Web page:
State Powers

The states are powerful enough to stand up to the federal government when it violates citizens’ rights. Learn how we can better leverage the power of states.

<p>The states are powerful enough to stand up to the federal government when it violates citizens’ rights. Learn how we can better leverage the power of states.</p>

Recently the Goldwater Institute hosted a standing-room only policy forum to discuss the ins and outs of states initiating the Article V process to amend the U.S. Constitution. If you weren’t able to attend the forum, you can watch the video here. During the question and answer session, a handful of questions were raised about the details of the amendments convention “process,” namely who will select the delegates to an amendments convention and what will the rules be once the delegates are there?

One year ago, President Obama signed “Obamacare” into law, the greatest expansion of federal involvement in medicine since the creation of Medicaid and Medicare and one of the greatest intrusions into individual liberty our country has seen. A majority of Americans opposed it when it passed and a year later a majority of Americans want it repealed.

With the U.S. Supreme Court rejecting an immediate review of the state of Virginia’s challenge to the federal health care law, the Obama administration can be expected to accelerate its effort to force citizens to buy federally-approved health insurance. At the same time, pressure will mount on states to integrate the individual mandate into the fabric of state law. If states yield, it will become impossible for them to challenge the individual mandate with a straight face.

Huge segments of state budgets are driven by federal spending. Few roads are built without federal matching funds. Large shares of states' budgets are spent on social programs initiated by the federal government such as Medicaid, KidsCare, and Aid to Families with Dependent Children.

The Court of Appeals for the Sixth Circuit recently held that the robbery of an Ohio pizza shack was a federal crime. The shack made pizza from California sauce, Minnesota flour, and Wisconsin mozzarella. So, based on Congress' power to regulate interstate commerce, the Sixth Circuit ruled the robbery constitutionally was prosecuted as a federal crime.

With the next Arizona legislative session just ten days away, the Goldwater Institute has released 100 ideas to advance liberty. 100 Ideas for 100 Days provides one idea for each day that the legislature is supposed to be in session. Each idea is linked to a policy report or a Goldwater Institute analyst who can help legislators with research and analysis.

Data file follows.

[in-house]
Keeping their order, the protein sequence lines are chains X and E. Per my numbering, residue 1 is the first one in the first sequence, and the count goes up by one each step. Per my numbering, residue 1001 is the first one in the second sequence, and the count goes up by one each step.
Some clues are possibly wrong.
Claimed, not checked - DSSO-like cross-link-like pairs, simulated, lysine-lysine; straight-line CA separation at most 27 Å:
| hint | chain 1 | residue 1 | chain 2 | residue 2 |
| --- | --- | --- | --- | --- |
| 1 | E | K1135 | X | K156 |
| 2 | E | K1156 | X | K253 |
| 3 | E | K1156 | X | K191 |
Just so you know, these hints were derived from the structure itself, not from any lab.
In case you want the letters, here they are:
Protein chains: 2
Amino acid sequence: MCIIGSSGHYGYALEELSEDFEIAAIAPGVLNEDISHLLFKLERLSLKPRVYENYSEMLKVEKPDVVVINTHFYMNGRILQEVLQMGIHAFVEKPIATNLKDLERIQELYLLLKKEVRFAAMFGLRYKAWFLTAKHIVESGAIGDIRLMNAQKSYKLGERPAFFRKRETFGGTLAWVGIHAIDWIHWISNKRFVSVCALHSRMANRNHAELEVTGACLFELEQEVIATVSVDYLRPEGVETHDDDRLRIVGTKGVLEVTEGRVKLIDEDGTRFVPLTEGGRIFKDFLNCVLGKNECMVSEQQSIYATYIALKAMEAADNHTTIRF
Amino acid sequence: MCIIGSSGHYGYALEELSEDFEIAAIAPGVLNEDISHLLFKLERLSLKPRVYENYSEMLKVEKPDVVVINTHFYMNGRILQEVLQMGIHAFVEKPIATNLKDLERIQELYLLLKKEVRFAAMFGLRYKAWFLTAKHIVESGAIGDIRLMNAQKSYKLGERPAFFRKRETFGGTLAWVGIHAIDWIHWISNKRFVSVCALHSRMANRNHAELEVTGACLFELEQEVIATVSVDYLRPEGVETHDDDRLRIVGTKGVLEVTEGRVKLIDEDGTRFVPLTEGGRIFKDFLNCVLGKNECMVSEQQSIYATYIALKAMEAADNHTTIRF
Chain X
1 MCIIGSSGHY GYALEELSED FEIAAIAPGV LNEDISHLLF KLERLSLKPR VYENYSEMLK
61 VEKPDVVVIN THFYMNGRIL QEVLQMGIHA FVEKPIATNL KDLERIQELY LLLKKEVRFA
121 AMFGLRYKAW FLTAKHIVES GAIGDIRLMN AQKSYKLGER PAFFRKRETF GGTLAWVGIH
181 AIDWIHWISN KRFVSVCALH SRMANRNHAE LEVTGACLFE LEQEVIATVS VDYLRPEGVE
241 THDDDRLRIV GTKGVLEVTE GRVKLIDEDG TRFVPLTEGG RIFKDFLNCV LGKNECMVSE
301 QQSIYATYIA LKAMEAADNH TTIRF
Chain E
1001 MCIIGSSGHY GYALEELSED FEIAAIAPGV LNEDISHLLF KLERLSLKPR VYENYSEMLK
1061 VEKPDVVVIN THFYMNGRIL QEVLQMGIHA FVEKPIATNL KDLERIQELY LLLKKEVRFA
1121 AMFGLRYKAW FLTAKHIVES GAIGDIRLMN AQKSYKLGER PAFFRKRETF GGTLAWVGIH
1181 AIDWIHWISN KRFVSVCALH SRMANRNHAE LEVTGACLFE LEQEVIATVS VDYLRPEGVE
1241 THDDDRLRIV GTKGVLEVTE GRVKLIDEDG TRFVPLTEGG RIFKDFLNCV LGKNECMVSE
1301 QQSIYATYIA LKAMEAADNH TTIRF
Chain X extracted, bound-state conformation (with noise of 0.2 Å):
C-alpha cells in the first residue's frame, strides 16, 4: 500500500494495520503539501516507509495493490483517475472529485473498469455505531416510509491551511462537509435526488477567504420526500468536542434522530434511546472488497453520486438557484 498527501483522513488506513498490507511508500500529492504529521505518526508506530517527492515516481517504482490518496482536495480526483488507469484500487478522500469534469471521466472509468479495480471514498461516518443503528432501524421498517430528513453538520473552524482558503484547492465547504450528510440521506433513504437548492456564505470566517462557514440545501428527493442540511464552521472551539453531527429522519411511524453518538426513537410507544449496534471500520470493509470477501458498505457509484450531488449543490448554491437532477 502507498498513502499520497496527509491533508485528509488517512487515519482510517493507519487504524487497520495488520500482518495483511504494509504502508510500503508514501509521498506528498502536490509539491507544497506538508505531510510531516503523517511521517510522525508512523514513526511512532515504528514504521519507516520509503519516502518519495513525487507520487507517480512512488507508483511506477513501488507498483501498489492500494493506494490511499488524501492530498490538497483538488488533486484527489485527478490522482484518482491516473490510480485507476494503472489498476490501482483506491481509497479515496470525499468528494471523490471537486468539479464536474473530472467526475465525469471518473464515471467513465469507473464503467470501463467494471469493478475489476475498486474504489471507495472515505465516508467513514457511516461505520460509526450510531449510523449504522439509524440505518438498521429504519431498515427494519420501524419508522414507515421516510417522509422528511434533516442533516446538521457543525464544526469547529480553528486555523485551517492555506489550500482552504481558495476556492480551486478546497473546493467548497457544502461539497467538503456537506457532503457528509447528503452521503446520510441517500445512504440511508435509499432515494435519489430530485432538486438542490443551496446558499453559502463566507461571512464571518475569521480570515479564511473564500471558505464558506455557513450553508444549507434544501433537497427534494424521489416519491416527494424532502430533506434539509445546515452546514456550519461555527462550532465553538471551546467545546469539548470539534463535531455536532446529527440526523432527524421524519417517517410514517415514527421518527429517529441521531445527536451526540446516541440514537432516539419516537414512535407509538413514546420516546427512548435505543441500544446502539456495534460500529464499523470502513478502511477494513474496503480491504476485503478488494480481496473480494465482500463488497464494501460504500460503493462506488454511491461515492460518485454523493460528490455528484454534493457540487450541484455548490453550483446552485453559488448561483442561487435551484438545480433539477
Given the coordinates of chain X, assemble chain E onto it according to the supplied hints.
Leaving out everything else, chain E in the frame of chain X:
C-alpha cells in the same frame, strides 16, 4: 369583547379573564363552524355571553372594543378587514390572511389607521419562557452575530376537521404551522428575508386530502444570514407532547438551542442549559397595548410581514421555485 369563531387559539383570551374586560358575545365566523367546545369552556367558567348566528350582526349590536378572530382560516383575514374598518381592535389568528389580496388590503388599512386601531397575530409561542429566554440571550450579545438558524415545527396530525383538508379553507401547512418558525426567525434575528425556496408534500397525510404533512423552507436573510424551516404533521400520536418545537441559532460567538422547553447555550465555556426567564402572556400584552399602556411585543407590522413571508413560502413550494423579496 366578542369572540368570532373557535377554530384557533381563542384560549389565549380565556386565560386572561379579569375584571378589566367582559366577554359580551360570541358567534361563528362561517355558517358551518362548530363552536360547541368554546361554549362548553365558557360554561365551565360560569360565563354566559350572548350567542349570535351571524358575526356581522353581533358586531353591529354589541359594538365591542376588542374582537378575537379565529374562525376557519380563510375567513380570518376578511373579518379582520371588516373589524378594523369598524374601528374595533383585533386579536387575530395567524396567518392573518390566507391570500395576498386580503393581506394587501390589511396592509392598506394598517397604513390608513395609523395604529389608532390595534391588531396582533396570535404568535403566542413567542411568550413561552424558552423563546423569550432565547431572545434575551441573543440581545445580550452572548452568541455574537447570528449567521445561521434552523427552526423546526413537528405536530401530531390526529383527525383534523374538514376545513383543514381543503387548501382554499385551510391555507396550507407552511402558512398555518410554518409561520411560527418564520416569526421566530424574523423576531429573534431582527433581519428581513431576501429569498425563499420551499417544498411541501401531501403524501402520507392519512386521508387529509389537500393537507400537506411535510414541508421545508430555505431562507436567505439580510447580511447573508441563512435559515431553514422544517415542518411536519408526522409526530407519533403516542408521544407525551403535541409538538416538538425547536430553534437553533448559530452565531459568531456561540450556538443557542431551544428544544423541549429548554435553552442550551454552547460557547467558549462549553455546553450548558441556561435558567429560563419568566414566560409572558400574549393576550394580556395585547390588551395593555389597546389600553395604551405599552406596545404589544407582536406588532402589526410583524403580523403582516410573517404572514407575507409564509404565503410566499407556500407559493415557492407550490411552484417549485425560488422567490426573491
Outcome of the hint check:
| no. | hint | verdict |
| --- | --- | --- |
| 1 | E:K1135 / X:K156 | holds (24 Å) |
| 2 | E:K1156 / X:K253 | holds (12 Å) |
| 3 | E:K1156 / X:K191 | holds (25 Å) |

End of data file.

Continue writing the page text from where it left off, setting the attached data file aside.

The full list of 100 Ideas for 100 Days is available. But, for those of you who like to cut to the chase, here is our top eight for 08:

A recent study by George Mason University's Mercatus Center found that Arizona ranks as the eighth freest state in the nation. It broadcasts loud and clear that Arizona is open for business to refugees fleeing our overly taxed and regulated neighbor to the west. But this is no time to rest on our laurels. Maintaining our competitive edge still requires systemic change.

In a showdown between the Obama administration and the town made famous by the gunfight at the O.K. Corral, the U.S. Forest Service is refusing to allow historic Tombstone, Ariz., to restore its municipal water supply after it was destroyed by torrential floods and mudslides in the summer of 2011.

The Goldwater Institute has long opposed the federal health care law as constitutionally questionable and a governmental intrusion on individual freedom. Nick Dranias, director of Goldwater's Center for Constitutional Government, was interviewed on Arizona Week.

"Liberty took a body blow, but it's not down for the count," he said. "We still have a challenge to the Independent Payment Advisory Board, what Sarah Palin called the 'death panel,' which is pending.

At the time of this writing, only a few hours have passed since the U.S. Supreme Court issued its calamitous decision upholding the bulk of the federal health care law. I share in your disappointment, surprise and frustration.